If someone burps in the Middle East, the end-time speculators come out of the woodwork and claim that this time it’s the end. People said the end was near more than 100 years ago when Europe went to war, and 51 years ago when Hal Lindsey wrote The Late Great Planet Earth, and 20 years ago when the Sabbath Millennium was said to start.

The rapture and the antichrist have once again taken center stage. What is past is said to be in our near future. Just wait, this time it’s going to happen just like Jesus said it would.

After I repeatedly pointed out on a few Facebook pages that no verse says the church will be taken to heaven in something called “the rapture” (see my book The Rapture and the Fig Tree Generation) before, during, or after seven years and that the specifically defined antichrists (1 John 2:22; 4:3; John 2:7) were alive in John’s day as evidence of a prophetic event soon to occur (1 John 2:18), I was called a false teacher and a heretic.

Someone named Curtis attempted to answer my claims. By what he wrote, it seems that he has not read outside his prophetic paradigm.

After calling me “buddy," he wrote that I’m “a little confused.” Let’s put his charge to the test by looking at what the Bible says. For many of you, this will be repetitious, but it only goes to show that there are many Christians who are trapped in a badly constructed exegetical time warp.

Referencing Matthew 24:34, Mark 13:30, and Luke 21:32, Curtis stated that “the things that Jesus had been speaking of—the rise of the Antichrist, the desolation of the Holy Place, and the darkening of the sun—did not happen during the lifespan of people alive in Jesus’ day.”

Jesus does not mention anything about “the Antichrist” in the Olivet Discourse. He does mention false prophets (who were alive in John’s day: 1 John 4:1) false teachers (2 Pet. 2:1–2), and false Messiahs, but nothing is said about “the Antichrist.” What Curtis means by “the Antichrist” is an end-time religio-political figure who will rule the world, slaughter two-thirds of the Jews living in Israel (Zech 13:7–9), and lead us inevitably toward Armageddon. As we’ve seen above, this is not how the Bible defines an antichrist or the timing of them: “Children, it is the last hour [John’s day]; and just as you heard that antichrist is coming, even now [then] many antichrists have appeared; from this we know that it is the last hour (1 John 2:18). Curtis and others like him have to do some fancy exegetical footwork to make John say something very different from what is clearly stated to make their system work.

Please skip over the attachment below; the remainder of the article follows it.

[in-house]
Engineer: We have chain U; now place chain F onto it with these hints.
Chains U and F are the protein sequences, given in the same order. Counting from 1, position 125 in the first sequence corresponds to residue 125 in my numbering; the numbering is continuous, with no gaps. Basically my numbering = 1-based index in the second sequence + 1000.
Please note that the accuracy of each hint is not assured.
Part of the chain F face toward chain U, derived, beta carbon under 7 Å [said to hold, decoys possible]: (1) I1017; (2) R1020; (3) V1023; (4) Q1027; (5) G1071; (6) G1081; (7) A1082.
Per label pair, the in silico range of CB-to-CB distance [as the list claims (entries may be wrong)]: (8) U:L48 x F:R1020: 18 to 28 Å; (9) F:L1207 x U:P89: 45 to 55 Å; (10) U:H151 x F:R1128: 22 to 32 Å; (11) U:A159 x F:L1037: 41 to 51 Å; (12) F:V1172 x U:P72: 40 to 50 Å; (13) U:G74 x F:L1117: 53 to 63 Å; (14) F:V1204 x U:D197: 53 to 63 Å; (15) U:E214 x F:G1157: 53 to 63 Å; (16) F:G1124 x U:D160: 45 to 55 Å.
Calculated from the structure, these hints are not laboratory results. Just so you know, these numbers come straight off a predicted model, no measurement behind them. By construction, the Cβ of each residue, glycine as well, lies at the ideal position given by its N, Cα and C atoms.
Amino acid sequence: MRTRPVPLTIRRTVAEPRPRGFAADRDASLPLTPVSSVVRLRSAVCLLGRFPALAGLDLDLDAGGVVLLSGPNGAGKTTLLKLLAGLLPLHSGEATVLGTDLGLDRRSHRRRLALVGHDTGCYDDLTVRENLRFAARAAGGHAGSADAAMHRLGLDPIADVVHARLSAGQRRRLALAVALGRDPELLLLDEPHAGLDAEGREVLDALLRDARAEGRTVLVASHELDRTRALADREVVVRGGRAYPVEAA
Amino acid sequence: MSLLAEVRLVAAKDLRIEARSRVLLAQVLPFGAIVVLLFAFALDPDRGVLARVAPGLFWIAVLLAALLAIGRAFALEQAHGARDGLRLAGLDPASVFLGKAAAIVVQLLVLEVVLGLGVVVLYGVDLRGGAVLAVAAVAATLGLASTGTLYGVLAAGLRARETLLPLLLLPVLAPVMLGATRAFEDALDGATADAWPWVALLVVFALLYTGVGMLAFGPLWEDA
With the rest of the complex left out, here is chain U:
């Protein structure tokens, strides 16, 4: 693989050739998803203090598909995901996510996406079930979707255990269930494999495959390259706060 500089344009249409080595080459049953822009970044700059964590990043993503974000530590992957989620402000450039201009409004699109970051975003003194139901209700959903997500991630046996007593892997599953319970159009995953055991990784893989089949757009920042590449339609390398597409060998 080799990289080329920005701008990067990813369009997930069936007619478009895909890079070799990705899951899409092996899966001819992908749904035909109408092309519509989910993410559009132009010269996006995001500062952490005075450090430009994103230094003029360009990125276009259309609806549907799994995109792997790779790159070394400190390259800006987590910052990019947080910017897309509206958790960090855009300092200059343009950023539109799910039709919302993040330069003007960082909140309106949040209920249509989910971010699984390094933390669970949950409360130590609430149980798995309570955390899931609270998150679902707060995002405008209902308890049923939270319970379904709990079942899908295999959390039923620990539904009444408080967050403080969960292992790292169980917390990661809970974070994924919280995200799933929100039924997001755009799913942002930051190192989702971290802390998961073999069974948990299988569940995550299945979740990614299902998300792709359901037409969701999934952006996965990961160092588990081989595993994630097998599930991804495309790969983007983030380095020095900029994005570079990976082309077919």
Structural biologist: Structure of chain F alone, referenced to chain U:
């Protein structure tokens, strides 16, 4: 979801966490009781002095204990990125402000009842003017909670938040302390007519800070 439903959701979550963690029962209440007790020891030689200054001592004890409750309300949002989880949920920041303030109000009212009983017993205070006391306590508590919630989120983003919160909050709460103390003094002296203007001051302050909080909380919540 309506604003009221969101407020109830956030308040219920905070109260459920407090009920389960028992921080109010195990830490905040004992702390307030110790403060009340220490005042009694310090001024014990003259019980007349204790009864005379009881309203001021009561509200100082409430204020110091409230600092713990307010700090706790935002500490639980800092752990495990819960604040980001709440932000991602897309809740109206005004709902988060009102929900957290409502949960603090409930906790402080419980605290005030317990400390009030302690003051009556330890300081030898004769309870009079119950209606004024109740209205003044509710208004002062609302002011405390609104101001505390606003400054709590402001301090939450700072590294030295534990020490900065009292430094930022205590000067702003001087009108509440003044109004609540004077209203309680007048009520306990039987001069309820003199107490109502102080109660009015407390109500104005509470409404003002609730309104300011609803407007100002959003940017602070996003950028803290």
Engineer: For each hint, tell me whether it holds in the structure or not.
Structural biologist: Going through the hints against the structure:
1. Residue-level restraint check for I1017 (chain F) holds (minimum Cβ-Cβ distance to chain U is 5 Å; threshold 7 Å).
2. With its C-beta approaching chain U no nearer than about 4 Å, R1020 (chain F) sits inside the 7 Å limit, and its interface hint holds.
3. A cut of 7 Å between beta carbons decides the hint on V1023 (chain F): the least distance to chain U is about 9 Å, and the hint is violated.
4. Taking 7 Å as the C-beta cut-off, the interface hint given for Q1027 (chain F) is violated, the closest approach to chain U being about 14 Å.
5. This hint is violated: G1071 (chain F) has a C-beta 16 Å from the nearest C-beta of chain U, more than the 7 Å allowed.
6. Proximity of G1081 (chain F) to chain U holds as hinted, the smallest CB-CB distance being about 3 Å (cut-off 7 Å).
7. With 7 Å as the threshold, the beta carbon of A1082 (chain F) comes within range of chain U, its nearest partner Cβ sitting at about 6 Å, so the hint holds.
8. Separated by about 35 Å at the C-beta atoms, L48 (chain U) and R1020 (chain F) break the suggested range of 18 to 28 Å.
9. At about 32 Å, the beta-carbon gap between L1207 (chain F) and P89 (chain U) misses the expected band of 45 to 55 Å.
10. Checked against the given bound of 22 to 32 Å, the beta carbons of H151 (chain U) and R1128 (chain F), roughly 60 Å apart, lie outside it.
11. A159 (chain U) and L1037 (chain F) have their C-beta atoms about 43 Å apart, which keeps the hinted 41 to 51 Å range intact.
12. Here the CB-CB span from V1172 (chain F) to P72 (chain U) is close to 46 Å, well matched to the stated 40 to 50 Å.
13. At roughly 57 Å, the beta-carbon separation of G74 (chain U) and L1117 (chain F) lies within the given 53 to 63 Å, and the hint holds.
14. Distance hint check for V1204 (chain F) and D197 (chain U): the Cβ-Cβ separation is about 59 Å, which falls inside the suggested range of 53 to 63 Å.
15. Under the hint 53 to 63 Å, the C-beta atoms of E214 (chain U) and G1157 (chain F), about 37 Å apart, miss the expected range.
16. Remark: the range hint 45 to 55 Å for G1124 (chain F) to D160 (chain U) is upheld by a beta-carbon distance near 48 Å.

Curtis goes on to write:

Show me historically documented evidence that the above happened in 70 AD. You can’t. No such thing happened. Obviously, Jesus meant something different when He spoke of “this generation.”

I and many others have given “documented evidence.” I’ve documented the evidence in my books Is Jesus Coming Soon?, Last Days Madness, Wars and Rumors of Wars, and in hundreds of articles and debates in 40 years. Anyone who is not aware of the documentation should not be writing on the topic.

Yes, Jesus was “speaking directly to His Disciples.” This is an important point. Jesus uses the second person plural throughout the Olivet Discourse. They would be the ones who would be hearing of wars and rumors and wars; they would be the ones delivered up to tribulation that included death, hatred, and betrayal (24:9–10); those of their generation would see the abomination “standing in the holy place” (24:15) and “Jerusalem surrounded by armies” (Luke 21:20). “You” means them, not a distant future generation. Notice that the judgment was local that could be escaped on foot by fleeing to the mountains outside of Judea (24:16). The people lived during a time when “[r]oofs were flat so that individuals could work, socialize, and even sleep there” and cloaks were an important piece of clothing (24:18; Ex. 22:26; Deut. 24:12), and Sabbath restrictions were operating (Matt. 24:20; Acts 1:12).

Let’s not forget earthquakes (Acts 16:26) and famines (11:27–28). What about the gospel being preached to the “whole oikoumenē” to “all the nations” (Matt. 24:14)? Jesus uses oikoumenē, the same word found in Luke 2:1 to describe the extent of the Roman tax and Acts 11:28 and the limited geography of the earthquake. The gospel had been “proclaimed throughout the whole world [kosmos]” (Rom. 1:8), “in all the world [kosmos]” (Col. 1:6), “in all creation under heaven” (1:26); “to all the nations” (Rom. 16:26; 1 Tim. 3:16d). If these examples don’t serve as “documented evidence,” then I’m at a loss as to what does. If you can’t trust the Bible’s evidence, then no evidence can be trusted.